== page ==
Penetration Testing/Consultancy roadmap?

DefiledDefiled ■□□□□□□□□□ Posts: 14Member ■□□□□□□□□□
So I'm aspiring to become a Penetration Tester | Security Consultant..

For a few weeks I've been self studying for the CCNA R&S | Security.. I'm hoping to have the both of these knocked out late Octobericon_study.gif

Lately though, I've been curious as to what certifications I should pursue after this (I like to have a solid path for what I should do for an entire academic year (September - July)

Does anyone have any good ideas as to what certifications I should knock off once I have completed my CCNA R&S | Security?


Thanks,
Mike
Current:
National Diploma | I.T (Systems Support & Networking)
Working Towards:
CCNA - Cisco Certified Network Associate | Routing & Switching | Security
BSc (Hons) Computer Networks (Management | Security)

Comments

  • MSP-ITMSP-IT ■■■□□□□□□□ Posts: 752Member ■■■□□□□□□□
    I'd shoot for an OSCP/OSCE. I believe they are some of the best certifications for penetration testing due to their practical application nature.
  • DefiledDefiled ■□□□□□□□□□ Posts: 14Member ■□□□□□□□□□
    MSP-IT wrote: »
    I'd shoot for an OSCP/OSCE. I believe they are some of the best certifications for penetration testing due to their practical application nature.

    Thanks for the advice,

    Regarding the OSCP, is there any resources out there? Or is the exam itself a practical exam (e.g. they give me a network and they want the security to be compromised in a given time)?
    Current:
    National Diploma | I.T (Systems Support & Networking)
    Working Towards:
    CCNA - Cisco Certified Network Associate | Routing & Switching | Security
    BSc (Hons) Computer Networks (Management | Security)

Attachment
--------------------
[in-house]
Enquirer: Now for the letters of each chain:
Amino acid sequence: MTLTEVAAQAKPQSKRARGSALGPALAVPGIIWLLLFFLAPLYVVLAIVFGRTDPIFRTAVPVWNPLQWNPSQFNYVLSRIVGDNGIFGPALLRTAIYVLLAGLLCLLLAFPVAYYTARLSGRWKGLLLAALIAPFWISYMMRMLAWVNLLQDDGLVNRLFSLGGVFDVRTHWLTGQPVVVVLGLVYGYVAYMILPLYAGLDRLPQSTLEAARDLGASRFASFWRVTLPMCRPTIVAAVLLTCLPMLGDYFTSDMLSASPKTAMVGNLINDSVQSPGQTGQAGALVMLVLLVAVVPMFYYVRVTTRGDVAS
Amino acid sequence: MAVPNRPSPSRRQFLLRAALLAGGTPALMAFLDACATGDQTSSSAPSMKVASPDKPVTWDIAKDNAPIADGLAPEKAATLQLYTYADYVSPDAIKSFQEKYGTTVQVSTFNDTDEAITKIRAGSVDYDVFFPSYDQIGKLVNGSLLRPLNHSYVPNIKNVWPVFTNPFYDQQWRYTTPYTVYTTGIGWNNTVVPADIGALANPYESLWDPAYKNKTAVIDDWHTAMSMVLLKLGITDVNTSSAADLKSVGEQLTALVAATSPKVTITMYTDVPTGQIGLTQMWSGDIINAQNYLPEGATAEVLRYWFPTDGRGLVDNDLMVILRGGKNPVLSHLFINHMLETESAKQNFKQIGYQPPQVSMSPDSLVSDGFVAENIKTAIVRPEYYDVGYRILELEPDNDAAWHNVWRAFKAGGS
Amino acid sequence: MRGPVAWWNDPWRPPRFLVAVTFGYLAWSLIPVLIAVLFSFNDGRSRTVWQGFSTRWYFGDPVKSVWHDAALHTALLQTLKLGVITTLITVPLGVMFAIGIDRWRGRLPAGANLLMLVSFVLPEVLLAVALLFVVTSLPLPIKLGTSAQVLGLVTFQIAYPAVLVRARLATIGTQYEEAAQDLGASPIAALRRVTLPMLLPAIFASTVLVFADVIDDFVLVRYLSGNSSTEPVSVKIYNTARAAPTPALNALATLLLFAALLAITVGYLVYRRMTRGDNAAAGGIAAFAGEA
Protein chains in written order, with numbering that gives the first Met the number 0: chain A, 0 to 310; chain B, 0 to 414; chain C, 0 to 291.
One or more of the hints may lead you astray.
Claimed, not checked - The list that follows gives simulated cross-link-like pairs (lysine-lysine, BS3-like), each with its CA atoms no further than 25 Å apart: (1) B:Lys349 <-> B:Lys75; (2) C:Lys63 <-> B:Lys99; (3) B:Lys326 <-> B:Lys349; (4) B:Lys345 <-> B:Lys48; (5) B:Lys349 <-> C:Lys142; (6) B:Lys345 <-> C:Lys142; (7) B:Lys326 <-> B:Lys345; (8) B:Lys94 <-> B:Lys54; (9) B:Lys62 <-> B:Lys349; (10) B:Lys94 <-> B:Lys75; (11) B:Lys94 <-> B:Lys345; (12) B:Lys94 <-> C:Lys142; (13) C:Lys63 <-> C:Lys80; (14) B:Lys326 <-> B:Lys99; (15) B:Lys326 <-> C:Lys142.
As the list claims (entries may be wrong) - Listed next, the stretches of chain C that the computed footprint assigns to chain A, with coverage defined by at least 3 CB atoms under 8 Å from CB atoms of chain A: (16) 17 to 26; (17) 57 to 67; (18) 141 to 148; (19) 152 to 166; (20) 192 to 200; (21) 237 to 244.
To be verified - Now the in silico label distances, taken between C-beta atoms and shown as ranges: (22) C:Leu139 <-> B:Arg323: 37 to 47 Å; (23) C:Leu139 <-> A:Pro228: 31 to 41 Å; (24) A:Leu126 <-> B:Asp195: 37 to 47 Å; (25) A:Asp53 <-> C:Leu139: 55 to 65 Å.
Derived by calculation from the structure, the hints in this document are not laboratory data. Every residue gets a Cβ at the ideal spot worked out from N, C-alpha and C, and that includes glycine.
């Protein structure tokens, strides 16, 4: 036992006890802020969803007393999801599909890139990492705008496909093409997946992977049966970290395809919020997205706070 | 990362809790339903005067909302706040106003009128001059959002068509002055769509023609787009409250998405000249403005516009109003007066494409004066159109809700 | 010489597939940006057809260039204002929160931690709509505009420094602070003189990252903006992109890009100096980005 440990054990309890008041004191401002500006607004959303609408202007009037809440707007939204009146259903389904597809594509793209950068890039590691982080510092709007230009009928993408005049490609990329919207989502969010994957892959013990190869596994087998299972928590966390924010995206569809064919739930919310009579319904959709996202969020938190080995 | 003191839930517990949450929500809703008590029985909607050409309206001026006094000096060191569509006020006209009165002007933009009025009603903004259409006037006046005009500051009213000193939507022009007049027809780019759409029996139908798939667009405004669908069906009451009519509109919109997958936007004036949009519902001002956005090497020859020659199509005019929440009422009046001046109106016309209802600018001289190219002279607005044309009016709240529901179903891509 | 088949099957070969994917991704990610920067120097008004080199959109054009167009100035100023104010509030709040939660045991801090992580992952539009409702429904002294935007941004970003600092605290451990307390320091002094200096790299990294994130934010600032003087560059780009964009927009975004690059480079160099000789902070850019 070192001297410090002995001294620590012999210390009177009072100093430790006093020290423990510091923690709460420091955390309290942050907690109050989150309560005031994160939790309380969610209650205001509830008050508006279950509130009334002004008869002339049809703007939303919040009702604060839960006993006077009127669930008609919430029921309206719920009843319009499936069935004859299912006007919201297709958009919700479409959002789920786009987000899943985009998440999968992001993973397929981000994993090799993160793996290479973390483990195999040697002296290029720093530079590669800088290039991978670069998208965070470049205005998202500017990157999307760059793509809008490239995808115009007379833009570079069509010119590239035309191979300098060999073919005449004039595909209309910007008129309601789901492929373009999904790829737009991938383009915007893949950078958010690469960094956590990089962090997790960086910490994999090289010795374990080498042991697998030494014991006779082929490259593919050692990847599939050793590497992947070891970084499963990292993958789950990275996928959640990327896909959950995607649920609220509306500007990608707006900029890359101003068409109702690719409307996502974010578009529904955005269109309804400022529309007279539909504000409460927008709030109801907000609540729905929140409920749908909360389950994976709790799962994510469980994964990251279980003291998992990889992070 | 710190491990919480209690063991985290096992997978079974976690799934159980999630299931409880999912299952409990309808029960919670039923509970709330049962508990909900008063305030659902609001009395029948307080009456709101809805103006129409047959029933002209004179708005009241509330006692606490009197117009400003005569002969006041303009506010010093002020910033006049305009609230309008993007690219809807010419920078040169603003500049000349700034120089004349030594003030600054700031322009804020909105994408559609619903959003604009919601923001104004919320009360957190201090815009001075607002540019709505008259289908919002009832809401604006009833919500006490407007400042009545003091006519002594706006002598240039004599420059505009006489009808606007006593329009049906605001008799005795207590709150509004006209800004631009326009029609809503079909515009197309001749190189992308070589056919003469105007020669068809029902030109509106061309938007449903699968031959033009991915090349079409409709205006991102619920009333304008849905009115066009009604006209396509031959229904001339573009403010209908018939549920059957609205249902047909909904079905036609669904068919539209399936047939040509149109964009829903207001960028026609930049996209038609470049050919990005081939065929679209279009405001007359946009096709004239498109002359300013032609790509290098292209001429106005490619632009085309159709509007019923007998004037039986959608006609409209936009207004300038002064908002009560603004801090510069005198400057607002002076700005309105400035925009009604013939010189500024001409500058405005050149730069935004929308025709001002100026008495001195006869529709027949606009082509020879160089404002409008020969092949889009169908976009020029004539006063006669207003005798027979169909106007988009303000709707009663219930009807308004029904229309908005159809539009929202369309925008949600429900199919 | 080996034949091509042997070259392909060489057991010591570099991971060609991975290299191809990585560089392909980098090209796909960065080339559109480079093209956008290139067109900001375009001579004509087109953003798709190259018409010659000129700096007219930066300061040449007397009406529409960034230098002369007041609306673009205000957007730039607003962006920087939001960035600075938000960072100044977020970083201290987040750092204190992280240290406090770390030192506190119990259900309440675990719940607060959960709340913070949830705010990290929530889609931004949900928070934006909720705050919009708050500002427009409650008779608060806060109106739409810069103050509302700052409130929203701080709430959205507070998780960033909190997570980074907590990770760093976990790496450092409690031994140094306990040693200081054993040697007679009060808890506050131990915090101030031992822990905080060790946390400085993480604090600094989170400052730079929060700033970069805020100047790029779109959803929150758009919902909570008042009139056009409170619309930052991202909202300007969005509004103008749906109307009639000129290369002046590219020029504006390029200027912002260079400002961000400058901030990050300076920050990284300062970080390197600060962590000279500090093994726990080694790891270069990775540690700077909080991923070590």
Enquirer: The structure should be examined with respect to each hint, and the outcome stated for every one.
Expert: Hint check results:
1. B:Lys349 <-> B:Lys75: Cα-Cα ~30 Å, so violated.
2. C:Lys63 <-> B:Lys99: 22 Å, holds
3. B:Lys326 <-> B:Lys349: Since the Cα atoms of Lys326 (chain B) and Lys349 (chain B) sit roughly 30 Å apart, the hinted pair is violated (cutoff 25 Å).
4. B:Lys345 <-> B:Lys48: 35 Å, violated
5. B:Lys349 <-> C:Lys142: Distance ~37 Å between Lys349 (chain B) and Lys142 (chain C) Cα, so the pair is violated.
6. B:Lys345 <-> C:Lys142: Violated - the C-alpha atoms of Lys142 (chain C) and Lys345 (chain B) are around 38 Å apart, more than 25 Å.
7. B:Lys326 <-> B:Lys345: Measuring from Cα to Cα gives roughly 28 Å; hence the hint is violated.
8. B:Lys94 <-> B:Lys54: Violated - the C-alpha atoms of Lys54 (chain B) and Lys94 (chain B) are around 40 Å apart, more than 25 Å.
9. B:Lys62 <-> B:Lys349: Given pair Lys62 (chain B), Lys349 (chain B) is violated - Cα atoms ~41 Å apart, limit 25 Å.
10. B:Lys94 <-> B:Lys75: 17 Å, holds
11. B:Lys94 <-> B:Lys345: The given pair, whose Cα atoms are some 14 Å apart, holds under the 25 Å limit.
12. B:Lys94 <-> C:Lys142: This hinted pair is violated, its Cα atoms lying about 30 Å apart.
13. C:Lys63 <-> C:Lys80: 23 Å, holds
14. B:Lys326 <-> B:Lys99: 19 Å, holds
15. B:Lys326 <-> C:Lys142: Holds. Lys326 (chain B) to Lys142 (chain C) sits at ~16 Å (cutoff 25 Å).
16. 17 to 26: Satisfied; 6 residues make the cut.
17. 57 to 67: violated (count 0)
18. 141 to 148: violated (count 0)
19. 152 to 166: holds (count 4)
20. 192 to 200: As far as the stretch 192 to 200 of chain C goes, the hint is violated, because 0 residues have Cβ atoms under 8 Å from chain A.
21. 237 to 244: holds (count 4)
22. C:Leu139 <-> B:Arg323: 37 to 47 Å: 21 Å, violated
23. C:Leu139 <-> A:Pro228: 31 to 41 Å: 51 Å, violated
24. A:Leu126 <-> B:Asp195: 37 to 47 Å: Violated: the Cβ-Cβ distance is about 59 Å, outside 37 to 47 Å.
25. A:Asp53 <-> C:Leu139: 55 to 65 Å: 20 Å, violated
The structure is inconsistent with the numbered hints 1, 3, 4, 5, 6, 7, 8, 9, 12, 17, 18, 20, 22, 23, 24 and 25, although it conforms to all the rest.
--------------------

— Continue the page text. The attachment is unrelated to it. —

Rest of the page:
• Master Of PuppetsMaster Of Puppets Posts: 1,210Member
    One of the most important things is your experience. Are you in IT right now? How much experience do you have?

    As far as the OSCP - you are right. They give you a lab book and videos but you have to do a lot of research by yourself. The exam is like the lab that you access to practice during the course - a network with vulnerable VMs.
    Yes, I am a criminal. My crime is that of curiosity. My crime is that of judging people by what they say and think, not what they look like. My crime is that of outsmarting you, something that you will never forgive me for.
  • DefiledDefiled ■□□□□□□□□□ Posts: 14Member ■□□□□□□□□□
    One of the most important things is your experience. Are you in IT right now? How much experience do you have?

    As far as the OSCP - you are right. They give you a lab book and videos but you have to do a lot of research by yourself. The exam is like the lab that you access to practice during the course - a network with vulnerable VMs.


    Thanks and nope, I'm not currently working in IT, however I'm at University studying an IT related degree (Computer Networking).

    Would I also be correct in assuming the lab book/videos is given once you register for the exam, or are they something entirely different (e.g. purchasable from Amazon)
    Current:
    National Diploma | I.T (Systems Support & Networking)
    Working Towards:
    CCNA - Cisco Certified Network Associate | Routing & Switching | Security
    BSc (Hons) Computer Networks (Management | Security)